...hot sausage and mustard
Oliver!--Lionel Bart, 1960
Not much on the housing front this week, but today is a special day. Barb and I are celebrating our wedding anniversary! We have been married since 1978, and for thirty seven years we have used our anniversary as a chance to indulge ourselves. Travel (for the family), jewelry (his or hers), and a designer purse or two (all hers). But those of you who know us best know that we like nothing better than sampling Chicago's fine restaurants. Looking back over our anniversary dinners is our personal timeline through the chefs and trends that have been earning their Mobil stripes and Michelin stars here.
We didn't start out as foodies! Our first favorite restaurant was the Gino's East Pizza. The original one on Superior, not the less stellar suburban outposts. Our admiration of Gino's started on our first date, a polo game at the Chicago Armory followed by deep dish cheese pizza. It's a good thing Barb liked the pizza, she was less than thrilled with watching polo. An afternoon wedding at the Drake Hotel meant we were close enough, and hungry enough, for dinner at Gino's on our wedding night, and we followed that up with anniversary pizzas through the next several years.
When we finally broke the Gino's streak, it was to return to the Drake for a fifth anniversary dinner at the Cape Cod Room, one of Chicago's longest lasting fine restaurants. It was a little old and creaky way back then in 1983, and I hear it is getting little older and creakier, but it will go on forever, just like our marriage. Hey, we are getting older and creakier too!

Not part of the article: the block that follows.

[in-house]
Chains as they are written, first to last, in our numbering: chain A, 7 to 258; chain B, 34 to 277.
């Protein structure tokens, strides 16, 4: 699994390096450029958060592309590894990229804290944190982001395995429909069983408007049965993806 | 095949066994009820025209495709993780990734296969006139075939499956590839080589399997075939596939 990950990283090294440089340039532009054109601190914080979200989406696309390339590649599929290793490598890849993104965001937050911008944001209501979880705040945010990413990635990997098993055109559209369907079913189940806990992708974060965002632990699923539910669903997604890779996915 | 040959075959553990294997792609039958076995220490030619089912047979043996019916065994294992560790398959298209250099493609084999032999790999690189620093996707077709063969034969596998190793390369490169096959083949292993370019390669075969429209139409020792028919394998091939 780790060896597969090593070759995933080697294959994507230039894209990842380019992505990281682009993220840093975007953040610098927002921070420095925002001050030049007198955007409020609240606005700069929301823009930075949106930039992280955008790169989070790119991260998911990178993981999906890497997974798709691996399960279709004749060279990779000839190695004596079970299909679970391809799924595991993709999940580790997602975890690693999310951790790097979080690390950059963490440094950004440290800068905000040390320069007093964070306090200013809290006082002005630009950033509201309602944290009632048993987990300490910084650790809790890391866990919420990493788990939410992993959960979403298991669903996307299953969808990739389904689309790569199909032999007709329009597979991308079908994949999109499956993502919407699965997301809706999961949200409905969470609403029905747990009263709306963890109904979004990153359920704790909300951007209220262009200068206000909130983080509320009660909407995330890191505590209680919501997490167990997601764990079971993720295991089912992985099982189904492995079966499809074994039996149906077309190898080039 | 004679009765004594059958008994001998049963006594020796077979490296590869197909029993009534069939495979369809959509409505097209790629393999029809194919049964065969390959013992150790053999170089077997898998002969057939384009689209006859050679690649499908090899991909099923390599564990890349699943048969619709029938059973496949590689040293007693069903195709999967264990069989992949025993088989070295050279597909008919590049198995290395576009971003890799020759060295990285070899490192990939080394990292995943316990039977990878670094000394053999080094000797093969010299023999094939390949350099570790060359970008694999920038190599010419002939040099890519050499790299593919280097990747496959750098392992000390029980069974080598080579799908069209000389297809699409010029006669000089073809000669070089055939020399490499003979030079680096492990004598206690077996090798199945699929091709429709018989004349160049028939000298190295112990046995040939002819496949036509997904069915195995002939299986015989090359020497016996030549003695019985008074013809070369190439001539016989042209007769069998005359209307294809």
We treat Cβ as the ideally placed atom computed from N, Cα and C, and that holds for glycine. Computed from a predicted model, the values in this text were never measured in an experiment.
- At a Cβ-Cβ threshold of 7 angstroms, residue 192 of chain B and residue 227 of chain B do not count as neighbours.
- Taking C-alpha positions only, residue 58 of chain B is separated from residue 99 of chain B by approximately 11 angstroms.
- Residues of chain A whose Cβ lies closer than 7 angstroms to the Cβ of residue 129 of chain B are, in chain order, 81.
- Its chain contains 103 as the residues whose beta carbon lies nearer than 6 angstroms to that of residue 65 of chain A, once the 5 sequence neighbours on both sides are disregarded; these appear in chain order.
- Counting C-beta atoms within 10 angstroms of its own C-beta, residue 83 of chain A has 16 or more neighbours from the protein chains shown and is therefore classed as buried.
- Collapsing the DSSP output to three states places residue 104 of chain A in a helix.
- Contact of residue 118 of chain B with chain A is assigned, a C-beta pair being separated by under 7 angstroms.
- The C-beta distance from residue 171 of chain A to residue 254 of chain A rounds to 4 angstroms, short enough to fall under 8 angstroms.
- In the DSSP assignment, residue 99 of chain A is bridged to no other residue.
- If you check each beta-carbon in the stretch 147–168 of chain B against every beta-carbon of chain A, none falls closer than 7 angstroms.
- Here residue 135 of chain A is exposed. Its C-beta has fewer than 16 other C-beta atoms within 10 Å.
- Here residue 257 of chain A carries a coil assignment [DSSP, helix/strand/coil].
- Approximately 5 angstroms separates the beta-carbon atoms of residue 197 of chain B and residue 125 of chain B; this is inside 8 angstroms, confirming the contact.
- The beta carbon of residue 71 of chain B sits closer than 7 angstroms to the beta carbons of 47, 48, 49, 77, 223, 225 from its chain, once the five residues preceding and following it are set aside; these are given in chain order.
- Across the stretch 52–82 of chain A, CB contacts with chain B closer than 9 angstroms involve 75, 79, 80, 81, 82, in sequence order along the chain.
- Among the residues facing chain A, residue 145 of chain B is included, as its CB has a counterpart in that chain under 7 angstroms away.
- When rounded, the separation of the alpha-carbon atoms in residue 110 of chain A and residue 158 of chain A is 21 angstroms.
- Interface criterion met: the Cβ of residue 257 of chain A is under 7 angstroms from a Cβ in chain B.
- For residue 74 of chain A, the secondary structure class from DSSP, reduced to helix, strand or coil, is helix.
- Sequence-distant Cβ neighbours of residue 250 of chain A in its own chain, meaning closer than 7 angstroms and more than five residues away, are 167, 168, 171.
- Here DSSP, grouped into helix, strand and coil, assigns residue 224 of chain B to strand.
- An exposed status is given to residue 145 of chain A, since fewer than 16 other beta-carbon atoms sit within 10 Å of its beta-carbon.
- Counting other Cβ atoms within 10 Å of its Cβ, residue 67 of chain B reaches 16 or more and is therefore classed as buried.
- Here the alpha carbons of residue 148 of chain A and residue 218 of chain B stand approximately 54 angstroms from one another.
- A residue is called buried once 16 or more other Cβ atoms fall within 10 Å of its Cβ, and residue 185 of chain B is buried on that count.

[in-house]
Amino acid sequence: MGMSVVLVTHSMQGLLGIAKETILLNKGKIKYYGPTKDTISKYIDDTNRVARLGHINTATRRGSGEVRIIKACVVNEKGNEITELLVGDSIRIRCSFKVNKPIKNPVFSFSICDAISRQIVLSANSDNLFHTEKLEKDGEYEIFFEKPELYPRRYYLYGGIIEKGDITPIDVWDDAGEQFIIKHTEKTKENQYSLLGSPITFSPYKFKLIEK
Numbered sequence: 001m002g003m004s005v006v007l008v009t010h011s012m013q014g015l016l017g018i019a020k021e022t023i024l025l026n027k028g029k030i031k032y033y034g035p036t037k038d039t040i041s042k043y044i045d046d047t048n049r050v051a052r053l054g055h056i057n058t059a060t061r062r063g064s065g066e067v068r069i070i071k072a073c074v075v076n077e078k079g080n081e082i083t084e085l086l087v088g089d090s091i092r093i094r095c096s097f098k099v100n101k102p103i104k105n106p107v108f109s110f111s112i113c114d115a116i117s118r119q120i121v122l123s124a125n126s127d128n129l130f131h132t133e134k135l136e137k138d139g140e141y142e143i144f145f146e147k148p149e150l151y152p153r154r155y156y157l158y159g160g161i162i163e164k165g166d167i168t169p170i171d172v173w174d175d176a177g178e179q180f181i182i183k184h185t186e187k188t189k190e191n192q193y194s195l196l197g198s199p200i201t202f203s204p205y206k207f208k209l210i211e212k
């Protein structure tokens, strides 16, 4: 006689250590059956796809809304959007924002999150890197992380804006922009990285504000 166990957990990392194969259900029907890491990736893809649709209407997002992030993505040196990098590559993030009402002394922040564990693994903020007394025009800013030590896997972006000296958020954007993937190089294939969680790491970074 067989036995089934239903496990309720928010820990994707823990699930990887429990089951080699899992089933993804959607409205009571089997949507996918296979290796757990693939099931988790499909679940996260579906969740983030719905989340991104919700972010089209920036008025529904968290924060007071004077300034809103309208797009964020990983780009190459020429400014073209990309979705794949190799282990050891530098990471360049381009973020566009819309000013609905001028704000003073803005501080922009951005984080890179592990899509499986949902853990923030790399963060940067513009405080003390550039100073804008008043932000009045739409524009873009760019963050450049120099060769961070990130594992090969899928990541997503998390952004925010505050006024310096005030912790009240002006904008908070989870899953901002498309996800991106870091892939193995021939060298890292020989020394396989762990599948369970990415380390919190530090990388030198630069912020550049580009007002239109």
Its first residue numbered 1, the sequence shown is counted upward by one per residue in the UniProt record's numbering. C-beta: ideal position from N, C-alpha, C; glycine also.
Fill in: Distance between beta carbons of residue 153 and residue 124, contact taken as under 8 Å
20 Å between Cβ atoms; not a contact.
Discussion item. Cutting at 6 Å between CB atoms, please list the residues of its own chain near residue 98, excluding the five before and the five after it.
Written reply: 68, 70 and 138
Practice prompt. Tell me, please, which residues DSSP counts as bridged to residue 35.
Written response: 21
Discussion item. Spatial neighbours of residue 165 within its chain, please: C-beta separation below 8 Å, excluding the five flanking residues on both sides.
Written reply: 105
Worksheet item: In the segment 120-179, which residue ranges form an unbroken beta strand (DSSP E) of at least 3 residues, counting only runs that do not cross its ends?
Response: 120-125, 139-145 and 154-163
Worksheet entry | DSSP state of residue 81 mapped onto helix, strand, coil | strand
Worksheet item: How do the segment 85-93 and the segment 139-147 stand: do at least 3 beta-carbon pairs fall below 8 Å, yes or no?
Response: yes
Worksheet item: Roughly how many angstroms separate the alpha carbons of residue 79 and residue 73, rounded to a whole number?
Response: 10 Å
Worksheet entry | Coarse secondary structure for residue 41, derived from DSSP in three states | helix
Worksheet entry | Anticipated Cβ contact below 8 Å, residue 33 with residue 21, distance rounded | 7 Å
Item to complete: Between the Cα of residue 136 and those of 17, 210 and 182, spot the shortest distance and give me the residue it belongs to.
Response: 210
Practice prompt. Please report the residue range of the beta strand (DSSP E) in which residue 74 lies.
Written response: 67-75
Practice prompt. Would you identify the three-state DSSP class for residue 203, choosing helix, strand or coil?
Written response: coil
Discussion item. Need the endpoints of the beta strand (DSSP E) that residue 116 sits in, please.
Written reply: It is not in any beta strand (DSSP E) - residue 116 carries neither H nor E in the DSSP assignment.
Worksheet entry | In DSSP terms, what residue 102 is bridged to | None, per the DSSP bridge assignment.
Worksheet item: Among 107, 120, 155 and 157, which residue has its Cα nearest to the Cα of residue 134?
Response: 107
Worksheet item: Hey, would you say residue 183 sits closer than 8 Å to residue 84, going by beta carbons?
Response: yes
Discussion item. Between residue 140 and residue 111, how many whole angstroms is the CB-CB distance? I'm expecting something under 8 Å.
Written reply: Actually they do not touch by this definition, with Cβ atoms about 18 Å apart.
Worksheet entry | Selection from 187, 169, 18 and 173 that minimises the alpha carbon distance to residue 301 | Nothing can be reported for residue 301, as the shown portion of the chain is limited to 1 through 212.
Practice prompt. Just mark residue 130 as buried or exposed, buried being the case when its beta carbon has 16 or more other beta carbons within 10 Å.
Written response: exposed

Over the next 30 years, Chicago Magazine has been our guide and directory for Anniversary Night. If a place was at the top of the Best Restaurant List, we had to check it out. Booth One at the Pump Room. Traditional French cuisine from the late Jean Banchet at Les Francais. Charlie Trotter, Graham Elliot, Carlos, Jackie, Jimmy and Yoshi, you name the celebrity chef, we toasted our anniversary at their place. From airborne Everest to subterranean Les Nomades we indulged and always found room for dessert. Tru and Ria were good, Trump Tower's Sixteen, and the Belden Stratford's Ambria were better. There were a few stumbles along the way; Grace didn't get our blessing and we weren't too surprised when L2O sunk.
Most special of all? Let's go back to the early 2000's. We read the great reviews for a place called Trio in the north suburbs. An anniversary dinner without the long drive downtown, a double treat for us. We loved the meal, but I said to Barb that "this chef is a little too avant-garde for conservative Evanston. I hope he makes it, but I predict he doesn't last too long here." I was right, sort of. Within a few years that young chef, a guy by the name of Grant Achatz, had left Evanston behind and had cooked up Alinea. For an anniversary dinner or any other reason you can think of, there is nothing like Alinea. And Halsted Street might not be as close to home for us as Evanston, but it is still a lot closer than the Loop!
What's on tap for Year 37? If you see us at Brindille Saturday night, buy us a drink! And Barb, the restaurants have been great, but they have only been special because I have been there with you. Happy anniversary, Babe!
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